Pa-aton-em-heb (“The Sun Disk is in Feast”), was “Royal Singer” of the end of the Amarna period.

It seems that his tomb was originally in Saqqara (although the location remains unknown) and was dismantled. Some blocks of the chapel are nowadays in the Rijksmuseum van Oudheden in Leiden.

About the decoration.

The decoration remembers the typical style of the post-amarna period in Saqqara. Moreover, the iconography shows already items, which belong to the traditional belief of ancient Egypt.

Osiris Sphere.

Pa-aton-em-heb and his wife Tipuy appear adoring Osiris flanked by Isis and Nephthys, while the Four Sons of Horus are in front of him.

Pa-aton-em-heb and his wife Tipuy adoring Osiris, flanked by Isis and Nephthys. Photo:

The proper name still retains the reminiscent of the atonism of Amarna, but the traditional religion had been restored. So the resurrection of the dead happened again in the Osiris sphere.

Chapter 110 of the Book of the Dead.

There is another remain, that proofs how the funerary belief of Pa-aton-em-heb also came back to the tradition. In one of the walls of the chapel the artist depicted the Chapter 110 of the Book of the Dead. This religious text disappeared during the Amarna period.

Chapter 110 of the Book of the Dead. Pa-aton-em-heb and his wife Tipuy in the “Fields of Iaru“. Photo:

This chapter depicts the entrance of the dead into the “Field of Iaru“. Here the deceased has access to fertile fields providing him with food eternally. It was very common to depict this scene in Papyri; and from the end of Dynasty XVIII also in walls of tombs (obviously not in Amarna). That is what we can see in the tombs in Saqqara of Pa-aton-em-heb and Horemheb.

The Swinging Hair.

But there is something else that attracts the attention: the pose of Tipuy. She gets into the Fields of Iaru slightly leaning forward and with the hair in apparent swing.

Tipuy with swinging mane of hair at the entrance of the “Fields of Iaru“. Photo:

Hair and movement in Egyptian Art.

The artists in ancient Egypt used the bending hair for drawing body movements. We find that in depictions of:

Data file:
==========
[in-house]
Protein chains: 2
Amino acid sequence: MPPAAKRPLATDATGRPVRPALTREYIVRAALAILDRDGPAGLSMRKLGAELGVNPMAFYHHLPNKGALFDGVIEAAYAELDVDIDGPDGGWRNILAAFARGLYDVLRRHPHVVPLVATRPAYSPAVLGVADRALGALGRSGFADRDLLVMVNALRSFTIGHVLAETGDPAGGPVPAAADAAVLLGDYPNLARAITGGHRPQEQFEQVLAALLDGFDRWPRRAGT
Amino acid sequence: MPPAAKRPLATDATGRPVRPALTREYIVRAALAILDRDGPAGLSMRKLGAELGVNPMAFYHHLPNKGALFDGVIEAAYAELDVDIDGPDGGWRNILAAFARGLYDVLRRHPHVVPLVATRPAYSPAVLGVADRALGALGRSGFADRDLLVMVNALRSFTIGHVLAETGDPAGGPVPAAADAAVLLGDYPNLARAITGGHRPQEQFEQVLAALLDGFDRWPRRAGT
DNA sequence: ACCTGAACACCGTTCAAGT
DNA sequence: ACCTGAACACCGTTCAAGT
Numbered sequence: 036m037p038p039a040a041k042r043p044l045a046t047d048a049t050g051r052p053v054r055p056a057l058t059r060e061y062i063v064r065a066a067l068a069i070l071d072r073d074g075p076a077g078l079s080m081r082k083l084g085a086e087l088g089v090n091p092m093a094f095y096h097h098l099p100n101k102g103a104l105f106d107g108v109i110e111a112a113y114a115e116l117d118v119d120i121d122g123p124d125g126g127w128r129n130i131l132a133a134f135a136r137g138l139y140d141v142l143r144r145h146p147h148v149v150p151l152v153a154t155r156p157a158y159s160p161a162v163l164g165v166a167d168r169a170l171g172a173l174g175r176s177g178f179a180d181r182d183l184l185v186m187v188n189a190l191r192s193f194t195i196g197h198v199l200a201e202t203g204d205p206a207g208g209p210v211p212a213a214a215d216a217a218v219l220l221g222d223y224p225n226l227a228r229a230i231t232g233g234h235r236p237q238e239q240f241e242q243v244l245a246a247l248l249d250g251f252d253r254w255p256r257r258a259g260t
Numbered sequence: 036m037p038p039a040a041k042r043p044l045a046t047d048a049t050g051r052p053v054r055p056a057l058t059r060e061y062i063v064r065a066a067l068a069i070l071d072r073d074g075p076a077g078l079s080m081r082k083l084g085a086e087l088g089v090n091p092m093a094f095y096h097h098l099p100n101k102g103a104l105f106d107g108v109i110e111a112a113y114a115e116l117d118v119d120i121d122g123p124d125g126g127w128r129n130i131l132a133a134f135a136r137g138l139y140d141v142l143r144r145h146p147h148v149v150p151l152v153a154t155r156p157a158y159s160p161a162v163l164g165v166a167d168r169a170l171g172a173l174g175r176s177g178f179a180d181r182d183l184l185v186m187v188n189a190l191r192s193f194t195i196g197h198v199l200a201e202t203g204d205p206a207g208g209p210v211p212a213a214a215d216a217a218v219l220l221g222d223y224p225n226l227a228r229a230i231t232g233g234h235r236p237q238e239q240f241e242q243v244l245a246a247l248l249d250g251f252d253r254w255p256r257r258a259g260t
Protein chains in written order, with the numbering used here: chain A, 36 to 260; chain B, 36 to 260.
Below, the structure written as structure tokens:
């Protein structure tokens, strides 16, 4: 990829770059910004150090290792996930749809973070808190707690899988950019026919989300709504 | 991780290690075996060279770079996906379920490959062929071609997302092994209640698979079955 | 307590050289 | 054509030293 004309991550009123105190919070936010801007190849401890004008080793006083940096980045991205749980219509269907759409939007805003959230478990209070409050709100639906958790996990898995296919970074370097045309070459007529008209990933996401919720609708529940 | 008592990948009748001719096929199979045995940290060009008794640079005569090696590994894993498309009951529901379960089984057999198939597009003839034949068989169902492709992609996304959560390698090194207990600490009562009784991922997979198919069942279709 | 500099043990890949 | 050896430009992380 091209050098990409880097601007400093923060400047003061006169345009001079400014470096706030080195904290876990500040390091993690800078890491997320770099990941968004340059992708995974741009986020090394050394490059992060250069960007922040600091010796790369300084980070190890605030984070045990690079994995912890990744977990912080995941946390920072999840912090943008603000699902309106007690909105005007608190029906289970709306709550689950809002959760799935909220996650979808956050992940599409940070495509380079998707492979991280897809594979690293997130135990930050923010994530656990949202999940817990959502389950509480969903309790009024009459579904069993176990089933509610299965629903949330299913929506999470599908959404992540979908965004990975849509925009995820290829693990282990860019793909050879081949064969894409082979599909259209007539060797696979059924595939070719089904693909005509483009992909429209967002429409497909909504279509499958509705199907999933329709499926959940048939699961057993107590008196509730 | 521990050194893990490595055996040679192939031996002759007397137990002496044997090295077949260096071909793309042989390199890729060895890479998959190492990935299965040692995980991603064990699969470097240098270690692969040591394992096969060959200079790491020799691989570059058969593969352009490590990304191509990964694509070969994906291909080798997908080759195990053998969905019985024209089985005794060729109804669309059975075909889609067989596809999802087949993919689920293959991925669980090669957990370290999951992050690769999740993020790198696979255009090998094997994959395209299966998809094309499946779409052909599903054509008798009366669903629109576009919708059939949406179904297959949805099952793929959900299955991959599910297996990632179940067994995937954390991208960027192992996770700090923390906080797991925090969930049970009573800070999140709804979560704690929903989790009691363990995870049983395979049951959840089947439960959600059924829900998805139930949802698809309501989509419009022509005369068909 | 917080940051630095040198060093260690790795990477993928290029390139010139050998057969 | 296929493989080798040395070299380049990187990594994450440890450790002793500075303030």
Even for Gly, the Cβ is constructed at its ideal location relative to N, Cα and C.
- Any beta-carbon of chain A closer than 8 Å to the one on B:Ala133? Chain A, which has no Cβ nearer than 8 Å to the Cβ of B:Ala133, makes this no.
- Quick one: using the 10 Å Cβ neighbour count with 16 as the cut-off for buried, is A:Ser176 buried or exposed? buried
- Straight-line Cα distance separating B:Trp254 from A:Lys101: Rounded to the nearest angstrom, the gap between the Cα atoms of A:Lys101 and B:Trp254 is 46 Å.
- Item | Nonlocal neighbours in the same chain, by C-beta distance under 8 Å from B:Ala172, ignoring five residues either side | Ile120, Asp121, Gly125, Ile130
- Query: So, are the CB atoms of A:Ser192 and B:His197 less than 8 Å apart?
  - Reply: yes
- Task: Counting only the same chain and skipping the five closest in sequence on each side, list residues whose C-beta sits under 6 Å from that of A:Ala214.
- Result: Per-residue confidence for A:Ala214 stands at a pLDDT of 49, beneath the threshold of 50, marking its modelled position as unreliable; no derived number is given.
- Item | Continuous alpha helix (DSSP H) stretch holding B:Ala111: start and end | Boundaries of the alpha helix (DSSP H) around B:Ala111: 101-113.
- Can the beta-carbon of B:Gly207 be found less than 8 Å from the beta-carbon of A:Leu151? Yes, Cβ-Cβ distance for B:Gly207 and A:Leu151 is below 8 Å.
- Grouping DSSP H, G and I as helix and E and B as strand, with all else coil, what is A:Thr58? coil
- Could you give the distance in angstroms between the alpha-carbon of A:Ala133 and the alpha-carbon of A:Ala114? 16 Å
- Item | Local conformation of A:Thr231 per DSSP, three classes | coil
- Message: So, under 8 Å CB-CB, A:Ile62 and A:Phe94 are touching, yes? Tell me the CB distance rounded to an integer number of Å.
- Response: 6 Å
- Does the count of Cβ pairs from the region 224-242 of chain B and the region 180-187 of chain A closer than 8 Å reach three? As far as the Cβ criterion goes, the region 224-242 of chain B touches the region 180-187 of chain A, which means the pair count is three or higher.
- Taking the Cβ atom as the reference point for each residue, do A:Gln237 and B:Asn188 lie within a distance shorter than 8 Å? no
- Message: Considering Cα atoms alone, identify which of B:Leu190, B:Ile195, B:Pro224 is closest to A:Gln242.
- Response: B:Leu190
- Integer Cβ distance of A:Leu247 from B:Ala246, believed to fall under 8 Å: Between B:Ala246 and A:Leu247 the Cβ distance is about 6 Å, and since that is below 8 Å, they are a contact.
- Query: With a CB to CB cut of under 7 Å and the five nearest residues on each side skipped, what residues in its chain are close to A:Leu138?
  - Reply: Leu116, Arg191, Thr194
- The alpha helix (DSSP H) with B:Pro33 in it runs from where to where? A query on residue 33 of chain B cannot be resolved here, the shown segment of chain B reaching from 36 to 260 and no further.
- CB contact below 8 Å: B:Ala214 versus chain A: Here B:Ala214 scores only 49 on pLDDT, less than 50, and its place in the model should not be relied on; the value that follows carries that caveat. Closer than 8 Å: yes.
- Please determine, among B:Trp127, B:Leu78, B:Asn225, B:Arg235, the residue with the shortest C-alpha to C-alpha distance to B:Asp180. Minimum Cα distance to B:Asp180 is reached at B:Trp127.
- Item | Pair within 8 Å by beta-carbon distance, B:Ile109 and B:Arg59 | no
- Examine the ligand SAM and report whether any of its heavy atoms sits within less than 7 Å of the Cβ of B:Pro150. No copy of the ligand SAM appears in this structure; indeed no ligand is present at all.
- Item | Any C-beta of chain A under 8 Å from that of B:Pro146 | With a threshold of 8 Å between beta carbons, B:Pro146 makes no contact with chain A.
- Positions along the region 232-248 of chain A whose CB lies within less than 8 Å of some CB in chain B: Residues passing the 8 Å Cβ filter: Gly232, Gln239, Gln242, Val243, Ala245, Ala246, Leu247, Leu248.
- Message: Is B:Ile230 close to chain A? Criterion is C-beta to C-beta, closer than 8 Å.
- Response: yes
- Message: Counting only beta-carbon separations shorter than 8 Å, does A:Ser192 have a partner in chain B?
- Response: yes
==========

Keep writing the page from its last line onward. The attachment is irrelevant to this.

Hair in the art of ancient Egypt for depicting lament, dance and respect.

There are some similar examples of vignettes of the Book of the Dead. In them the dead (or one of them if they are a couple), bends the body and leans the hair for expressing respect. For example the papyrus of Anhai (Dynasty XIX), the Papyrus of Ani (Dynasty XIX), the Papyrus of Ramose (Dynasty XIX) or the Papyrus of Henuttawy (Dynasty XXI). As long as I know none dates from before Dynasty XIX.

Two ways of using hair in Ancient Egypt for expressing respect in the Book of the Dead. Left Papyrus of Ani (Dynasty XIX), right Papyrus of Henuttawy (Dynasty XXI). Photos: British Museum

A Contribution from Amarna to Tradition?

The Egyptian artists in Amarna could also depict hair in a more plastic and less rigid way. In fact that followed one of the identity signature of the art of Amarna: more dynamic and natural.

Relief from Hermopolis with two women. In both heads the hair is depicted in a quite plastic and dynamic way. Amarna Period. Photo:

So, to depict Tipuy (the wife of Pa-aton-em-heb) with the hair swinging is not new as a concept: the hair used as a resource to express movement.

But, as long as I know, it is the first time that this concept of hair/motion is introduced in a vignette of the Book of the Dead.

If that were the case, we would be facing a contribution from Amarna to the iconography of traditional religion; materialized in the post-Amarna period and that will last later. For instance, compare here these two images…

Left: Tipuy,, wife of Pa-aton-em-heb, at the entrance of the Fields of Iaru (end of Dynasty XVIII) Photo: Right: Tutu, wife of Ani facing the Final Judgement (Dynasty XIX). Photo: Both images from the Book of the Dead.